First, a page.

Chinese Journal of Natural Medicines  2019, Vol. 17Issue (8): 575-584  
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TONG Yu-Ru, ZHANG Yi-Feng, ZHAO Yu-Jun, HU Tian-Yuan, WANG Jia-Dian, HUANG Lu-Qi, GAO Wei. Differential expression of the TwHMGS gene and its effect on triptolide biosynthesis in Tripterygium wilfordii[J]. Chinese Journal of Natural Medicines, 2019, 17(8): 575-584.
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Research funding

This work was supported by the National Natural Science Foundation of China (No. 81773830), Beijing Natural Science Foundation Program and Scientific Research Key Program of Beijing Municipal Commission of Education (No. KZ201710025022), the Support Project of High-level Teachers in Beijing Municipal Universities in the Period of 13th Five-year Plan (No. CIT & TCD20170324) and National Program for Special Support of Eminent Professionals, and Key project at central government level:The ability establishment of sustainable use for valuable Chinese medicine resources (No. 2060302)

Corresponding author

Tel: 86-10-64014411-2955, Fax: 86-10-64013996, E-mail: huangluqi01@126.com (HUANG Lu-Qi)
Tel/Fax: 86-10-83916572, E-mail: weigao@ccmu.edu.cn (GAO Wei)

Article history

Received on: 22 Apr., 2019
Available online: 20 Aug., 2019
Differential expression of the TwHMGS gene and its effect on triptolide biosynthesis in Tripterygium wilfordii
TONG Yu-Ru1,2,3 Δ, ZHANG Yi-Feng3,4 Δ, ZHAO Yu-Jun2 , HU Tian-Yuan3,4 , WANG Jia-Dian3,4 , HUANG Lu-Qi1,2 , GAO Wei3,4,5     
1 School of Pharmacy Traditional Chinese Materia Medica, Shenyang Pharmaceutical University, Shenyang 110016, China;
2 National Resource Center for Chinese Materia Medica, China Academy of Chinese Medical Sciences, Beijing 100700, China;
3 School of Pharmaceutical Science, Capital Medical University, Beijing 100069, China;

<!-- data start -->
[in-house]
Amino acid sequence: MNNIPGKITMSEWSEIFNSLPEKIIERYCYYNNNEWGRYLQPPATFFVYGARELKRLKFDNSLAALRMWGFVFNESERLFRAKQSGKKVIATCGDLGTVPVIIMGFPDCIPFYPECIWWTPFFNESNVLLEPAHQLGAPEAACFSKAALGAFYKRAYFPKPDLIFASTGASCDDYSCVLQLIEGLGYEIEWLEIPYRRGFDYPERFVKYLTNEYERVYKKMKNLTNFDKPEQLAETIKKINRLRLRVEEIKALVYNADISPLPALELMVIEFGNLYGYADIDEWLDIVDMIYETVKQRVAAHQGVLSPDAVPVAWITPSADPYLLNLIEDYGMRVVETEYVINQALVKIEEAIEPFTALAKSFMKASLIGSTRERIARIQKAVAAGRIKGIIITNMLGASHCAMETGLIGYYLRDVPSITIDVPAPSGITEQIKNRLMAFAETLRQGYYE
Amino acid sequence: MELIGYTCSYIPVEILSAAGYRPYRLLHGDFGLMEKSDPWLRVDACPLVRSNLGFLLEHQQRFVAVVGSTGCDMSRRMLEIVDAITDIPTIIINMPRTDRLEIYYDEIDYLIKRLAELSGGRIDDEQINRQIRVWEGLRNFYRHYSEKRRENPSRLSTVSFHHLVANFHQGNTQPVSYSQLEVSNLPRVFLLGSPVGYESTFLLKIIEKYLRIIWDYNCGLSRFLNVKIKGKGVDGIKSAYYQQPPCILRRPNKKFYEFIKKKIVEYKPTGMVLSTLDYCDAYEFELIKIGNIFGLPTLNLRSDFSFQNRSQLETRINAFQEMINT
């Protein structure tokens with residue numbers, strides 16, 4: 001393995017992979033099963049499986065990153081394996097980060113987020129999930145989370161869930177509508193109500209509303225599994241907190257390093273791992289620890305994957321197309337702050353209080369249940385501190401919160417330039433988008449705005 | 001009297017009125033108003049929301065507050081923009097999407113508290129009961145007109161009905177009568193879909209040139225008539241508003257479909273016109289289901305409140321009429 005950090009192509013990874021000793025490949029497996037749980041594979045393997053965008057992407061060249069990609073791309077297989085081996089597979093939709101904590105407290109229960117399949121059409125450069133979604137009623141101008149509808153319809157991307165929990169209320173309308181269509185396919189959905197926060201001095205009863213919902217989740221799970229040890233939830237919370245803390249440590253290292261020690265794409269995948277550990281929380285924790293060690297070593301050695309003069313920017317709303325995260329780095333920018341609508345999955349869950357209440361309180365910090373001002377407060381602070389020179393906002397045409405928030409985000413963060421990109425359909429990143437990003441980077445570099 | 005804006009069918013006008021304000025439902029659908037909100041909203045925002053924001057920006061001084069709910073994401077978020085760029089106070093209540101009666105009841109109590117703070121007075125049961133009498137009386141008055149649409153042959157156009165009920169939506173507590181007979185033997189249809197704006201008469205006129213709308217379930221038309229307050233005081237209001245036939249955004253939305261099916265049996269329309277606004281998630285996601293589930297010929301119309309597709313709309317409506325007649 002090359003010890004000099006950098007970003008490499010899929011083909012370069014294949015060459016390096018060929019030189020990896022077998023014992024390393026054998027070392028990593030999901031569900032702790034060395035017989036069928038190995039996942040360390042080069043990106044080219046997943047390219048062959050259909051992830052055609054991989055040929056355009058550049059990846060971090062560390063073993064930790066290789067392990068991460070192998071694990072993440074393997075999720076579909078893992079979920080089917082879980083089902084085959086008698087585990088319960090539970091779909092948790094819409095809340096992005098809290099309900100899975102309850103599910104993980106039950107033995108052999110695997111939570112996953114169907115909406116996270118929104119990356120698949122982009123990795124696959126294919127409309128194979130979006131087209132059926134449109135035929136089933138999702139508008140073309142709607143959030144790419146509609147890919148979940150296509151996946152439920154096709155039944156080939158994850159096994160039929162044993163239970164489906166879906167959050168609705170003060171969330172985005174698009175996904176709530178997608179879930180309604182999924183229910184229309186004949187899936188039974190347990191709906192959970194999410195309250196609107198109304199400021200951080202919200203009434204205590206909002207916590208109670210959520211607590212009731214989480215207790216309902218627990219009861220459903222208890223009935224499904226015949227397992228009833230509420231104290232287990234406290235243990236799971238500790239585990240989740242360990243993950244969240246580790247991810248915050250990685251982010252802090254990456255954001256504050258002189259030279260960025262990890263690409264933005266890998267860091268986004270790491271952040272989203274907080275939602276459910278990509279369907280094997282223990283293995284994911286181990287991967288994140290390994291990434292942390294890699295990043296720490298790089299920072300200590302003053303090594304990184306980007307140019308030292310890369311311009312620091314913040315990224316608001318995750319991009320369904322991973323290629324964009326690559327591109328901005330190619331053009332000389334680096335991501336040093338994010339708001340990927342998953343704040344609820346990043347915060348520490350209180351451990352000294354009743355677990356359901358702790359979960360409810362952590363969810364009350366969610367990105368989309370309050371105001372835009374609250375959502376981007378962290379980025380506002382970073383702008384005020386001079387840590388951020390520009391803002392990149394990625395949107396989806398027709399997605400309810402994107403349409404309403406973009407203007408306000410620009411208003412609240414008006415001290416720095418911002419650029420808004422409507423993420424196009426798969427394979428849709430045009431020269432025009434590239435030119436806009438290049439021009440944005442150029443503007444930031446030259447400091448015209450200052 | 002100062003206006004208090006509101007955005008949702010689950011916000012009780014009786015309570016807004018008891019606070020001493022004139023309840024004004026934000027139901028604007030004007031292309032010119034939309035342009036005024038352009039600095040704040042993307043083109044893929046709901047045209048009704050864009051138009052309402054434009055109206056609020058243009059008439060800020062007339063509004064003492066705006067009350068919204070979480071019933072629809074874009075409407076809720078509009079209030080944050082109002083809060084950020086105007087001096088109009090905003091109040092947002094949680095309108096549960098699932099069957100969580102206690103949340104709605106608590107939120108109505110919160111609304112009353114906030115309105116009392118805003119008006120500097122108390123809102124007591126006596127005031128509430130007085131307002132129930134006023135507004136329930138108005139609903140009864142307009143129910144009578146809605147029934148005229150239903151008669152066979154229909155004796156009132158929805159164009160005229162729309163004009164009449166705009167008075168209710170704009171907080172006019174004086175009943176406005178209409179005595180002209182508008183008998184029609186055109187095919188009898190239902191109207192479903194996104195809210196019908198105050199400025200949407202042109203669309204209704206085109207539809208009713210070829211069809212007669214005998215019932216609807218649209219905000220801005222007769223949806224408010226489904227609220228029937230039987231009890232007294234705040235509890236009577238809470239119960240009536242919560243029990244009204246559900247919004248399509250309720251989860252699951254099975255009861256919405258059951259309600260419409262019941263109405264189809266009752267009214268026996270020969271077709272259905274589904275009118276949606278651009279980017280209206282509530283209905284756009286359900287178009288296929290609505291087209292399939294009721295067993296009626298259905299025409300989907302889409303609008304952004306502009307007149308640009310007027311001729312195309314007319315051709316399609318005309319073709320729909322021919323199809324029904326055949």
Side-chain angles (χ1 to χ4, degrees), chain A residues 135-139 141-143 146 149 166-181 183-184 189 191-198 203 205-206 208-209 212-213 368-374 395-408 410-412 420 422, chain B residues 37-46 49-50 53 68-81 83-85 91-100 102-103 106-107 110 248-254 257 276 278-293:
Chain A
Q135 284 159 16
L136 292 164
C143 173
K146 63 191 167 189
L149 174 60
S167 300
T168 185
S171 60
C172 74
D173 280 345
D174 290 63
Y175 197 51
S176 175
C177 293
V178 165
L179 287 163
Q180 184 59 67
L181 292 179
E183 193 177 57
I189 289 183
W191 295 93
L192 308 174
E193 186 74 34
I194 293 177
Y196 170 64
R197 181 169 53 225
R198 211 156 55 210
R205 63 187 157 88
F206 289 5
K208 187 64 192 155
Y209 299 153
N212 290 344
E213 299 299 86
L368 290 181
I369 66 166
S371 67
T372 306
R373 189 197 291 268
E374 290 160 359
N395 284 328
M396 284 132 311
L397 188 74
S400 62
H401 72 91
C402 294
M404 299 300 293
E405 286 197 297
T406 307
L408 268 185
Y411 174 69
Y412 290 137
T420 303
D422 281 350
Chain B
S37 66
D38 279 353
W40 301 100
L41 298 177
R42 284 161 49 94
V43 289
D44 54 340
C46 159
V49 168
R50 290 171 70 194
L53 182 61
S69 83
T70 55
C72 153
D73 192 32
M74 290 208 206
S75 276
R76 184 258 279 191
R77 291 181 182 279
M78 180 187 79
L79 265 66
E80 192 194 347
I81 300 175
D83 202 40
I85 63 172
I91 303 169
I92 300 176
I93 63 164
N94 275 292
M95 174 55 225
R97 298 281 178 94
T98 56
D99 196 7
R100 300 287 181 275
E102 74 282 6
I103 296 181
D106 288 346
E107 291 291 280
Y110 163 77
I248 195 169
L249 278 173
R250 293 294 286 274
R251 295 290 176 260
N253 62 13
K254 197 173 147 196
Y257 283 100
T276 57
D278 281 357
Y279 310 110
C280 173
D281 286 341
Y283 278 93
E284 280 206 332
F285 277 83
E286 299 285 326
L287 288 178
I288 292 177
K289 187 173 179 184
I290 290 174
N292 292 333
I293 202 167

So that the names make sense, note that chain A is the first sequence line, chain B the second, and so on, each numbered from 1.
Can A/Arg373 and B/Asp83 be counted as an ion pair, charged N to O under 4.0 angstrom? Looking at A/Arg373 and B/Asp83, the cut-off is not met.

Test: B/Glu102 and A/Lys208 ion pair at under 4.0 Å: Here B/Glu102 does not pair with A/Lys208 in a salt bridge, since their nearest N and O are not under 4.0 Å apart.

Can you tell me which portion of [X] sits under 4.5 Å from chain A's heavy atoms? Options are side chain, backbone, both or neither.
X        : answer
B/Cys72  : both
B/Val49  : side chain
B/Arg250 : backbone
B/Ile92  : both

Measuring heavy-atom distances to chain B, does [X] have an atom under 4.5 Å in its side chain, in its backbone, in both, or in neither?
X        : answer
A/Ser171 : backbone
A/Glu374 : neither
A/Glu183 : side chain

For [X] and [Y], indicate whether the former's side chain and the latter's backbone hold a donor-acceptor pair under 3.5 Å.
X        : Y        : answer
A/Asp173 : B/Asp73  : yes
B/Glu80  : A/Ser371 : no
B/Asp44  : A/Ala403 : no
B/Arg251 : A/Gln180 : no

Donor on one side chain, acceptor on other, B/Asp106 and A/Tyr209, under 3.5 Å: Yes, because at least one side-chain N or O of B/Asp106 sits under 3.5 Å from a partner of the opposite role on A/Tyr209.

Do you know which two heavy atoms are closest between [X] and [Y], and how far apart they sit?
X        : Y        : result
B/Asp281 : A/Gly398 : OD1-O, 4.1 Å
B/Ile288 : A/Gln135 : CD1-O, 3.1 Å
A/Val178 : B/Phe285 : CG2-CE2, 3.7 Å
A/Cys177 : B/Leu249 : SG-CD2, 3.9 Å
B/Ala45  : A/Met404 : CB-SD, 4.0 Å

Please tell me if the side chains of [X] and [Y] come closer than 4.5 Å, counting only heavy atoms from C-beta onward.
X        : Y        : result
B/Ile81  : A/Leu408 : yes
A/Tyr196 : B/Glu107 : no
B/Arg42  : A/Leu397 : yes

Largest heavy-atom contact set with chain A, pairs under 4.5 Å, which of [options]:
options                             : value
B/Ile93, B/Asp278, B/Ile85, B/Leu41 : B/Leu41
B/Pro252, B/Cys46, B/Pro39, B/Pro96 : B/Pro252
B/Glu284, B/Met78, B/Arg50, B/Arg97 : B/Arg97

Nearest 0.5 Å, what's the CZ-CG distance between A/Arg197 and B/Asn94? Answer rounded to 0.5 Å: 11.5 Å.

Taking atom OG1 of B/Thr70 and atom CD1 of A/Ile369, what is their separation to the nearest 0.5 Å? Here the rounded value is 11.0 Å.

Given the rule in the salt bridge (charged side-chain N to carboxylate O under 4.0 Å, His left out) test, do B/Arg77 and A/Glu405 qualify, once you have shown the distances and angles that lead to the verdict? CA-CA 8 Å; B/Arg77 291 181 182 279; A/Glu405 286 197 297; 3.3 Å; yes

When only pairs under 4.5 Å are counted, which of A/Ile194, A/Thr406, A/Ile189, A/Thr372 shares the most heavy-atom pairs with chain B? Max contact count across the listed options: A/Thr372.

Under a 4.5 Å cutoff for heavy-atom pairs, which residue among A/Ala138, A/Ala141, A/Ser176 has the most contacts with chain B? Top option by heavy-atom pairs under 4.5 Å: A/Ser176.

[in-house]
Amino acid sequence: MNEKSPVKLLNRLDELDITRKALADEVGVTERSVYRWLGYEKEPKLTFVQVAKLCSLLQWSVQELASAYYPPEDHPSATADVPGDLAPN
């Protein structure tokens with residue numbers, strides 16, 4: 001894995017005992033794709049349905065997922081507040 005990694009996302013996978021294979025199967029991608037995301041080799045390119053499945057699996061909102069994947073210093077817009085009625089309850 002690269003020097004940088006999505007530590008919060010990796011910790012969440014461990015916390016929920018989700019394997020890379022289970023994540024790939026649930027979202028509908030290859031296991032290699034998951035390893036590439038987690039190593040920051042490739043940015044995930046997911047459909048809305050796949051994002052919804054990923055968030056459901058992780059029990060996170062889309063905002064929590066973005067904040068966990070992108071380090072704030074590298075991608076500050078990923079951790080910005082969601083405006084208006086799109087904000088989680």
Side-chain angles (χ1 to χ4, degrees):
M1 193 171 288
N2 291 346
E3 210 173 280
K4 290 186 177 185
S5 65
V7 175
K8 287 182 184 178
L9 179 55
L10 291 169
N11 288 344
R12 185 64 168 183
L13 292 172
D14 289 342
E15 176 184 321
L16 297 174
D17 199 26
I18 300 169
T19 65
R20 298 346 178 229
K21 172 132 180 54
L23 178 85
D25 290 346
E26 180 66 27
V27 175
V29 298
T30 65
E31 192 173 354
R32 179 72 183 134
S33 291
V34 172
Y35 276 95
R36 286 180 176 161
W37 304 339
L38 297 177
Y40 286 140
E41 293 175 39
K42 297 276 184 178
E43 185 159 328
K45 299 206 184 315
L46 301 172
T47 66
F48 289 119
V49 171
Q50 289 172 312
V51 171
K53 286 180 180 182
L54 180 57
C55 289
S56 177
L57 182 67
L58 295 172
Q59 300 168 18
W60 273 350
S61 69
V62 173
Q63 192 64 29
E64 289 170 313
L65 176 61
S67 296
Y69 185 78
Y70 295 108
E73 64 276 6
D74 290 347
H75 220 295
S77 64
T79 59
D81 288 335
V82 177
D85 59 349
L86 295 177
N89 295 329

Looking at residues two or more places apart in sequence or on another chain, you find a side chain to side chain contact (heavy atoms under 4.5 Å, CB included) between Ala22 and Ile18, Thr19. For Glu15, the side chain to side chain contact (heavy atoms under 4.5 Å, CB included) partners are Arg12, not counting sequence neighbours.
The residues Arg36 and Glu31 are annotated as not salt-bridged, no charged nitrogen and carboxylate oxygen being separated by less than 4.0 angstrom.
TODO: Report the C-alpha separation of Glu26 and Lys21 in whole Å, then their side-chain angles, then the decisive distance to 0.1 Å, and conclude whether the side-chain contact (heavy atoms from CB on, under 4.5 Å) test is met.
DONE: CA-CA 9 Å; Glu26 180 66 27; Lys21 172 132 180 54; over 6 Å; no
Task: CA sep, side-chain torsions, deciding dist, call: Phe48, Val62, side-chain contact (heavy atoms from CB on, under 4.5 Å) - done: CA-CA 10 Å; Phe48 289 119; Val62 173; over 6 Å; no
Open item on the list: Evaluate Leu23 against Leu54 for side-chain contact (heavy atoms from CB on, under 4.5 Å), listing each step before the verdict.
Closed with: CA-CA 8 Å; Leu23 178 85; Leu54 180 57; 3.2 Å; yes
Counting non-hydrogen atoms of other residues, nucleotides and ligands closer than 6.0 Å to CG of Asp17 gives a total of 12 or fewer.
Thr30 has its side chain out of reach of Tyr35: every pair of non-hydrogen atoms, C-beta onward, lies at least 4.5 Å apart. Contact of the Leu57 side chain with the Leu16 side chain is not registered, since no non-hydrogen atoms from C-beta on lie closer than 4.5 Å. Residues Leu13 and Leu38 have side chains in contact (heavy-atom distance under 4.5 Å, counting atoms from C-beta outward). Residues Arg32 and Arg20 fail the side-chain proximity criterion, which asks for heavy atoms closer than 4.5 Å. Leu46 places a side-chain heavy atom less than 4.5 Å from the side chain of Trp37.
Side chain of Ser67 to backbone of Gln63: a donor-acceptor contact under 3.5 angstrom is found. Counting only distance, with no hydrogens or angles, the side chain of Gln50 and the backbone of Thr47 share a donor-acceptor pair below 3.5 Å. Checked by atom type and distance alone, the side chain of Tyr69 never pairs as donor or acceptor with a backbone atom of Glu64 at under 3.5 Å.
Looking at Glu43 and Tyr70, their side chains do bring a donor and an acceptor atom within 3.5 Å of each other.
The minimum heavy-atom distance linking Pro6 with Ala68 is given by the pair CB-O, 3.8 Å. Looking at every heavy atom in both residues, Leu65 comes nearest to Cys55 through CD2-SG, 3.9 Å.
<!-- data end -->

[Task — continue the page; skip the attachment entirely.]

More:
4 School of Traditional Chinese Medicine, Capital Medical University, Beijing 100069, China;
5 Advanced Innovation Center for Human Brain Protection, Capital Medical University, Beijing 100069, China
[Abstract]: 3-Hydroxy-3-methylglutaryl-CoA synthase (HMGS) is the first committed enzyme in the MVA pathway and involved in the biosynthesis of terpenes in Tripterygium wilfordii. The full-length cDNA and a 515 bp RNAi target fragment of TwHMGS were ligated into the pH7WG2D and pK7GWIWG2D vectors to respectively overexpress and silence, TwHMGS was overexpressed and silenced in T. wilfordii suspension cells using biolistic-gun mediated transformation, which resulted in 2-fold increase and a drop to 70% in the expression level compared to cells with empty vector controls. During TwHMGS overexpression, the expression of TwHMGR, TwDXR and TwTPS7v2 was significantly upregulated to the control. In the RNAi group, the expression of TwHMGR, TwDXS, TwDXR and TwMCT visibly displayed downregulation to the control. The cells with TwHMGS overexpressed produced twice higher than the control value. These results proved that differential expression of TwHMGS determined the production of triptolide in T. wilfordii and laterally caused different trends of relative gene expression in the terpene biosynthetic pathway. Finally, the substrate acetyl-CoA was docked into the active site of TwHMGS, suggesting the key residues including His247, Lys256 and Arg296 undergo electrostatic or H-bond interactions with acetyl-CoA.
[Key words]: Overexpression    RNAi    HMGS    Triptolide    Acetyl-CoA    
Introduction

Tripterygium wilfordii (Hook. f.) is a perennial vine plant belonging to the family Celastraceae, which has been widely used to treat rheumatoid arthritis and other inflammatory diseases [1-2]. The medicinal properties of T. wilfordii are attributed to terpenes which mainly include di- and triterpenes. Triptolide is a diterpene triepoxide isolated from T. wilfordii that exhibits strong antitumor activity. The potential mechanism involves the inhibition of the general RNAPII-mediated transcription [3]. A representative T. wilfordii triterpene is the structurally unique celastrol, which hold promise as a powerful anti-obesity agent, a potent anti-inflammatory drug, and a breast cancer treatment [4-6].